A central concept of hygge might be, “We’re all in this together.” American ideals of independence and self-sufficiency serve as a contrast to this sense of interdependence and helpfulness. While both self-reliance and community support can be wonderful in their own way, hygge celebrates a sense of connection between people. This interconnection and sense of community, especially when combined with various supportive social programs, can help people feel more secure in the knowledge that they have a safety net. This might help anyone feel more relaxed, joyful, and more inclined to take the time to enjoy simpler pleasures.
That is not to say that people without this “safety net” of support cannot take time to unwind and experience the joy in simple, daily routines that bring pleasure. With its focus on remaining in the moment and connecting to what is currently happening, hygge is similar to the mindfulness techniques often recommended for decreased stress and improved overall well-being. When people are fully present, not multitasking, staring at a phone, or worrying about their next task, they may be more receptive to the enjoyment of ordinary moments. Numerous studies have shown that this type of mindfulness can lower stress, and it’s not that much of a leap to imagine lower stress may correlate with greater happiness.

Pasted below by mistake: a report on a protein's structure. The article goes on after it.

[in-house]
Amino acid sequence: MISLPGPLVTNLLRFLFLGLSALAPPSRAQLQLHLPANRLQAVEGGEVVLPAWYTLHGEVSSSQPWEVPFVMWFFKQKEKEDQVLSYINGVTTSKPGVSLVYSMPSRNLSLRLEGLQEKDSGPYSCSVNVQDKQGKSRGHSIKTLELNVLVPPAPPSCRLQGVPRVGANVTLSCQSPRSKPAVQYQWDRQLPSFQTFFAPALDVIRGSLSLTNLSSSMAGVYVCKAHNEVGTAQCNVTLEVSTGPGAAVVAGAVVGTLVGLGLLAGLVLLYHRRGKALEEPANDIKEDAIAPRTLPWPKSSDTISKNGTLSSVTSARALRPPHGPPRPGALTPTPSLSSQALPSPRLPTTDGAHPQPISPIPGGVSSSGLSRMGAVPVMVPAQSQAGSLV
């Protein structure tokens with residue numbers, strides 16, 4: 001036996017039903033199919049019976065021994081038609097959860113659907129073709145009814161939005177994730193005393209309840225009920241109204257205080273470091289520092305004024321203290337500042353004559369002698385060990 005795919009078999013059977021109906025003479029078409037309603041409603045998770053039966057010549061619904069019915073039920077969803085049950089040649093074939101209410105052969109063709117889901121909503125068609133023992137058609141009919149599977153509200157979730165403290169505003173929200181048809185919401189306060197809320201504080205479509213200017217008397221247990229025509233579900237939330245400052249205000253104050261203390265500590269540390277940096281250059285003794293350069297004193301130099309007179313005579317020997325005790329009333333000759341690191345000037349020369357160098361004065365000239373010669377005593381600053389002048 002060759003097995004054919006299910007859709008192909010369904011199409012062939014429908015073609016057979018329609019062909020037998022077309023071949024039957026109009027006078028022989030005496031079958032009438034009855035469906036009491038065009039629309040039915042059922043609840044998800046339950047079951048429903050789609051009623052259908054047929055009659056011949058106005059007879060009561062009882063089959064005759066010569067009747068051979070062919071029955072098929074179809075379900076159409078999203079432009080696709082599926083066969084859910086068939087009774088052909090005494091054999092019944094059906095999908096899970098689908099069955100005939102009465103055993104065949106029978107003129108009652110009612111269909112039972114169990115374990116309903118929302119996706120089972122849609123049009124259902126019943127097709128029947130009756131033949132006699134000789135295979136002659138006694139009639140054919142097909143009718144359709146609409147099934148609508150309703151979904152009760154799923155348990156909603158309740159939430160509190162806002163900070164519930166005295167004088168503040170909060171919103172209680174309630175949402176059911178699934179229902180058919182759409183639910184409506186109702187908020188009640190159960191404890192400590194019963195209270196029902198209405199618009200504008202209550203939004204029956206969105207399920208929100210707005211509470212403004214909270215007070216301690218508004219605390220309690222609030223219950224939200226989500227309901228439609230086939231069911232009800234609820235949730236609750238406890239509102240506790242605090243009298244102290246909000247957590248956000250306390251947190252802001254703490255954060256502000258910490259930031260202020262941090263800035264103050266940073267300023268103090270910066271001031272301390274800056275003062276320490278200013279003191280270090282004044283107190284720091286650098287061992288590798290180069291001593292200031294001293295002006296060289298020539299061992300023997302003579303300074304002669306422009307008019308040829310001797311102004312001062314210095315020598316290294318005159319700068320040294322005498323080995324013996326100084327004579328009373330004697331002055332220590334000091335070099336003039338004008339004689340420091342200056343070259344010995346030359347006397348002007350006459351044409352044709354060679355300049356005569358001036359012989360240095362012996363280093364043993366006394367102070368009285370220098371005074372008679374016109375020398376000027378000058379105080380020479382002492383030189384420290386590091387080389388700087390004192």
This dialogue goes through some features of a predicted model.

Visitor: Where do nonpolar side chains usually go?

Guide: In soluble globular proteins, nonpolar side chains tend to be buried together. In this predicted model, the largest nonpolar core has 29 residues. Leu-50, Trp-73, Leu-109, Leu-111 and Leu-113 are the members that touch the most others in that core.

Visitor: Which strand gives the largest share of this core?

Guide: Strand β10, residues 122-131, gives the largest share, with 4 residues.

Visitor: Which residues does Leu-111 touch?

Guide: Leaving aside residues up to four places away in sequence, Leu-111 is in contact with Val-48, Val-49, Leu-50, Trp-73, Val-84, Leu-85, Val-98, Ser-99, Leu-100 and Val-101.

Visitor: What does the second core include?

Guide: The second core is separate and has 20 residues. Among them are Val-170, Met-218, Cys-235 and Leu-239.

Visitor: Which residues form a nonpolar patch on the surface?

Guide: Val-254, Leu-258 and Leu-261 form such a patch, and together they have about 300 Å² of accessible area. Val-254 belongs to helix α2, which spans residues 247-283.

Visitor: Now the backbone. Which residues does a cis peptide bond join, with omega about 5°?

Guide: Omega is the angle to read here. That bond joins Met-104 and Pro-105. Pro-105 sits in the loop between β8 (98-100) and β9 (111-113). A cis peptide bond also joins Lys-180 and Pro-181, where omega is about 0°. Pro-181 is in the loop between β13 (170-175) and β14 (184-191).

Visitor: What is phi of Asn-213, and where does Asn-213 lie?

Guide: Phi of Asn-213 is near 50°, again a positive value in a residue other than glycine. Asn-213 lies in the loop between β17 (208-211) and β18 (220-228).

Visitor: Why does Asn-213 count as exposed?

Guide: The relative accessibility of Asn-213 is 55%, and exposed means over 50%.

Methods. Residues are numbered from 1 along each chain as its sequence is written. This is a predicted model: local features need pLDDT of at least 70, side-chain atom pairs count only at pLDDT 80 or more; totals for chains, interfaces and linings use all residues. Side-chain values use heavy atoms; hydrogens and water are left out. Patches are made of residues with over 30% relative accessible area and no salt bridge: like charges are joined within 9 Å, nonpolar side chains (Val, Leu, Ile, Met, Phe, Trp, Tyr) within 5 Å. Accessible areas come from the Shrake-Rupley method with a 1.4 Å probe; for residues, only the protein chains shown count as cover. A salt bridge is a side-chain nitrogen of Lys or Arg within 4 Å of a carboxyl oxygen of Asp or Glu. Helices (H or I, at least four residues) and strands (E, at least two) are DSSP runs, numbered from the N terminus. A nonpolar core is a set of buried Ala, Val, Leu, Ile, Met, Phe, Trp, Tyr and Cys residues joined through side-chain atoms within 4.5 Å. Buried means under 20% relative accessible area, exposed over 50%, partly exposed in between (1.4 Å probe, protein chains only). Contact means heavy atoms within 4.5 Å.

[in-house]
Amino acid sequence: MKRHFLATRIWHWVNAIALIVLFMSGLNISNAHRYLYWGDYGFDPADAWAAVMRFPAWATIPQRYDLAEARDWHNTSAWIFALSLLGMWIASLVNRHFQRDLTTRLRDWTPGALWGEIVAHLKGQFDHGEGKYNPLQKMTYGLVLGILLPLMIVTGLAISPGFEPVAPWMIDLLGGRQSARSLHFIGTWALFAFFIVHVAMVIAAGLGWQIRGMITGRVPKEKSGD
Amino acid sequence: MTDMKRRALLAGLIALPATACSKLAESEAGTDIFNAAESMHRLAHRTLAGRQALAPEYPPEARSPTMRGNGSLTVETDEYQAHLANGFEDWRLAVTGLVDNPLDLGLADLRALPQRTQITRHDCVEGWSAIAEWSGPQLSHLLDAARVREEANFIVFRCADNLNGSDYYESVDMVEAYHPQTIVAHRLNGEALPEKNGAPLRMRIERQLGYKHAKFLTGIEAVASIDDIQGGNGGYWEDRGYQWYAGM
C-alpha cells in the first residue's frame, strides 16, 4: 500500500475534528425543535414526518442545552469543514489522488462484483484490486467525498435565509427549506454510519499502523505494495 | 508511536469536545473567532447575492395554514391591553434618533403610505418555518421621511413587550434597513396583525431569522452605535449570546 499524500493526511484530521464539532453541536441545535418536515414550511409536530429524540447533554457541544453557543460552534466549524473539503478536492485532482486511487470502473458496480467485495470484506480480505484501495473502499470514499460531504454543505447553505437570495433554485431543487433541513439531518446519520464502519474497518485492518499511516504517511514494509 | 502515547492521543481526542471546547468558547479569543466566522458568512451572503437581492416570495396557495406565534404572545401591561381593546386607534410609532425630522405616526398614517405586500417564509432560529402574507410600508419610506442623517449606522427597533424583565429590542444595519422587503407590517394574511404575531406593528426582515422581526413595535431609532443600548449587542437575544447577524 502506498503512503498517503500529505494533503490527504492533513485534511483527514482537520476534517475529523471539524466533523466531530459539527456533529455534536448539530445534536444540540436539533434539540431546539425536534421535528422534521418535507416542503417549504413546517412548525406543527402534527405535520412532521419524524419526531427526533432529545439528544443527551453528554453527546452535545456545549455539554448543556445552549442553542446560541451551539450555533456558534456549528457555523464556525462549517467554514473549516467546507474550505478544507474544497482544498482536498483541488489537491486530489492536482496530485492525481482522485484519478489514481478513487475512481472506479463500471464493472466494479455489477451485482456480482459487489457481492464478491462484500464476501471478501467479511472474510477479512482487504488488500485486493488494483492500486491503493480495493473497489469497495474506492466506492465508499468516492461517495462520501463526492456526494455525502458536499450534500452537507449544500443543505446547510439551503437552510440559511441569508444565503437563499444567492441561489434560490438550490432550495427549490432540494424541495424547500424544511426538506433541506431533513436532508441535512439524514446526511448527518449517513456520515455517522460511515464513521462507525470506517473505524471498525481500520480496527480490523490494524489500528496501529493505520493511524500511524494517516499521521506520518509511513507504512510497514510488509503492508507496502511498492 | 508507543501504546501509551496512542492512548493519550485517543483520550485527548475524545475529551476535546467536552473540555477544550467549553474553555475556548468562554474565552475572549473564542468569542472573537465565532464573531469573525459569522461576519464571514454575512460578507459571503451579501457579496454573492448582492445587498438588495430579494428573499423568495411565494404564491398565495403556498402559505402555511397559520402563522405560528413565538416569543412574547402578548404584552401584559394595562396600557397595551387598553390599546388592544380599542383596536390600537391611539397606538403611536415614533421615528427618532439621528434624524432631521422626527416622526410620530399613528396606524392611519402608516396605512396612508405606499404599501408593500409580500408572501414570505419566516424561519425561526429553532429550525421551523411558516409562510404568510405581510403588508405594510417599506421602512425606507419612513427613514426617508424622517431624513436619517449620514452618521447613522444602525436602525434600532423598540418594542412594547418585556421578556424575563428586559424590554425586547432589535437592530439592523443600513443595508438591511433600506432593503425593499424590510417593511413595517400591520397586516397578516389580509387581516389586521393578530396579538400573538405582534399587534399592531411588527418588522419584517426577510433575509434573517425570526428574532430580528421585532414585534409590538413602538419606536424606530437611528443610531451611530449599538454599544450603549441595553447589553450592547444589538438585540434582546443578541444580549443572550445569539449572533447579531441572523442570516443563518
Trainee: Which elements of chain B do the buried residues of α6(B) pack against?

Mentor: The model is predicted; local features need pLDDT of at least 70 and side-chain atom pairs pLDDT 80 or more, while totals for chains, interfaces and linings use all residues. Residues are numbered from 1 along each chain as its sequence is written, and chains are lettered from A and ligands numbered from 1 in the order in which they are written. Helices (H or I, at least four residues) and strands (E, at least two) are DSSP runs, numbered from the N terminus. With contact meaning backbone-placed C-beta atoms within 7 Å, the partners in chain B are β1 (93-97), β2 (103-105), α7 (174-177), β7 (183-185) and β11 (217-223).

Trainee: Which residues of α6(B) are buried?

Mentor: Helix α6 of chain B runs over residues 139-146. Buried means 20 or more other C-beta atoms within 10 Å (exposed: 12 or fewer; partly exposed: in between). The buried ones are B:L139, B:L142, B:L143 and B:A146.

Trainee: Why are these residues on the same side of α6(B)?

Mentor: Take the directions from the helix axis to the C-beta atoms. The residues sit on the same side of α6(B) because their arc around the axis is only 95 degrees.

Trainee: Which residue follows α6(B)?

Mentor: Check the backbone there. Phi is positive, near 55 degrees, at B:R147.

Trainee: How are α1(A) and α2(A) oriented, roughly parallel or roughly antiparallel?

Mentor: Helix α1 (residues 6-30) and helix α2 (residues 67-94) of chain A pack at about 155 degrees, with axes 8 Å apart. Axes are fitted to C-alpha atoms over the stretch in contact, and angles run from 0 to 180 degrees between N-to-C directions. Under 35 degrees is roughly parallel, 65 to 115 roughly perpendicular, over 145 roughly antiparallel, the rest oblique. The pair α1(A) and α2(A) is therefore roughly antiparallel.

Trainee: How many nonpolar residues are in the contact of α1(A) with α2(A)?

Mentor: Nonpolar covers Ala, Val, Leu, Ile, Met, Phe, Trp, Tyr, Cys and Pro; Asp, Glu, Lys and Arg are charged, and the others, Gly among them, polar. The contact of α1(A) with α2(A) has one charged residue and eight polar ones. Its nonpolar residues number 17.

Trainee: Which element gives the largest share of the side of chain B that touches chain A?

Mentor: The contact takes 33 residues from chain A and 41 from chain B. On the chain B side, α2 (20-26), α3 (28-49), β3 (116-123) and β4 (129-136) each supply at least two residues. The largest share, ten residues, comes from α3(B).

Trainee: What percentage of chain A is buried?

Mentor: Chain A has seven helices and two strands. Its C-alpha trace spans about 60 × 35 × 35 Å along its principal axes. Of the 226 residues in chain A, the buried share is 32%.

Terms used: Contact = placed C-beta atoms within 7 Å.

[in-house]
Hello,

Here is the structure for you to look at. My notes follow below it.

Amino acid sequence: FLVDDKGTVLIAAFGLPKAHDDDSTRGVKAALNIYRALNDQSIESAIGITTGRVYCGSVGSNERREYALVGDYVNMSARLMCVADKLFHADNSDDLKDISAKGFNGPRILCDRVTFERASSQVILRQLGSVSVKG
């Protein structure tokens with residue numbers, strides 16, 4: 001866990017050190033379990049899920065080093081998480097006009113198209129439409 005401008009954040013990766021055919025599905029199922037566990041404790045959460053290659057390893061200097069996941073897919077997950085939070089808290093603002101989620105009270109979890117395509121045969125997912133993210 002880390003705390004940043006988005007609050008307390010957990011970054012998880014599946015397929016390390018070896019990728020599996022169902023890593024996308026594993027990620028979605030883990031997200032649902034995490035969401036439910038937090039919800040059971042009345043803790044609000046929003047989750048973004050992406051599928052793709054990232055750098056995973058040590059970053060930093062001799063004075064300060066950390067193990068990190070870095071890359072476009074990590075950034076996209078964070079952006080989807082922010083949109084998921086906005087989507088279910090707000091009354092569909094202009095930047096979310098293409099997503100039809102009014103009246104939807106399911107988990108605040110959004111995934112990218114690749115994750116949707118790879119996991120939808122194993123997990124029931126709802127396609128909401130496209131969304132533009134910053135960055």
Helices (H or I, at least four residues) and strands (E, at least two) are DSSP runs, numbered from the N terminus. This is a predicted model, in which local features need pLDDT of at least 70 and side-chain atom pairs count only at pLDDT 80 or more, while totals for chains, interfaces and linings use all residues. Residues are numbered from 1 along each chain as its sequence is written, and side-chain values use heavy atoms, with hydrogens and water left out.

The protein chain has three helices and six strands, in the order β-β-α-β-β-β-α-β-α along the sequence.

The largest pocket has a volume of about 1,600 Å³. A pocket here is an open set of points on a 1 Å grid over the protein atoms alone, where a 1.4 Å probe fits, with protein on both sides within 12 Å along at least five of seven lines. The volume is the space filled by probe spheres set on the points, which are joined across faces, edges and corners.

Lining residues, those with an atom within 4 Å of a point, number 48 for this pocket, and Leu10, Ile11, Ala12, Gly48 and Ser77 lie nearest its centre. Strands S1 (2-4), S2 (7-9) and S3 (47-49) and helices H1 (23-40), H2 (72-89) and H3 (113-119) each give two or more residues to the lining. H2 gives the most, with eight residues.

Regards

The Benefits of Hygge
By limiting contacts to friends and family and emphasizing small groups of six to eight people, hygge generates feelings of community, comfort, and safety. Since it is not socially draining or loud, and experiences tend to be fairly predictable, some have called this practice socializing for introverts. Though it has been pointed out that this focused familiarity, the practice of socializing only with a small group of intimates, could possibly become exclusionist, hygge may still be combined with other forms of socializing and may, at the very least, be a way to become grounded before seeking new acquaintances. Hygge, with the value it places on togetherness, comfort, and relaxation over monetary gain, provides a simpler template for the creation of joy with what one already has.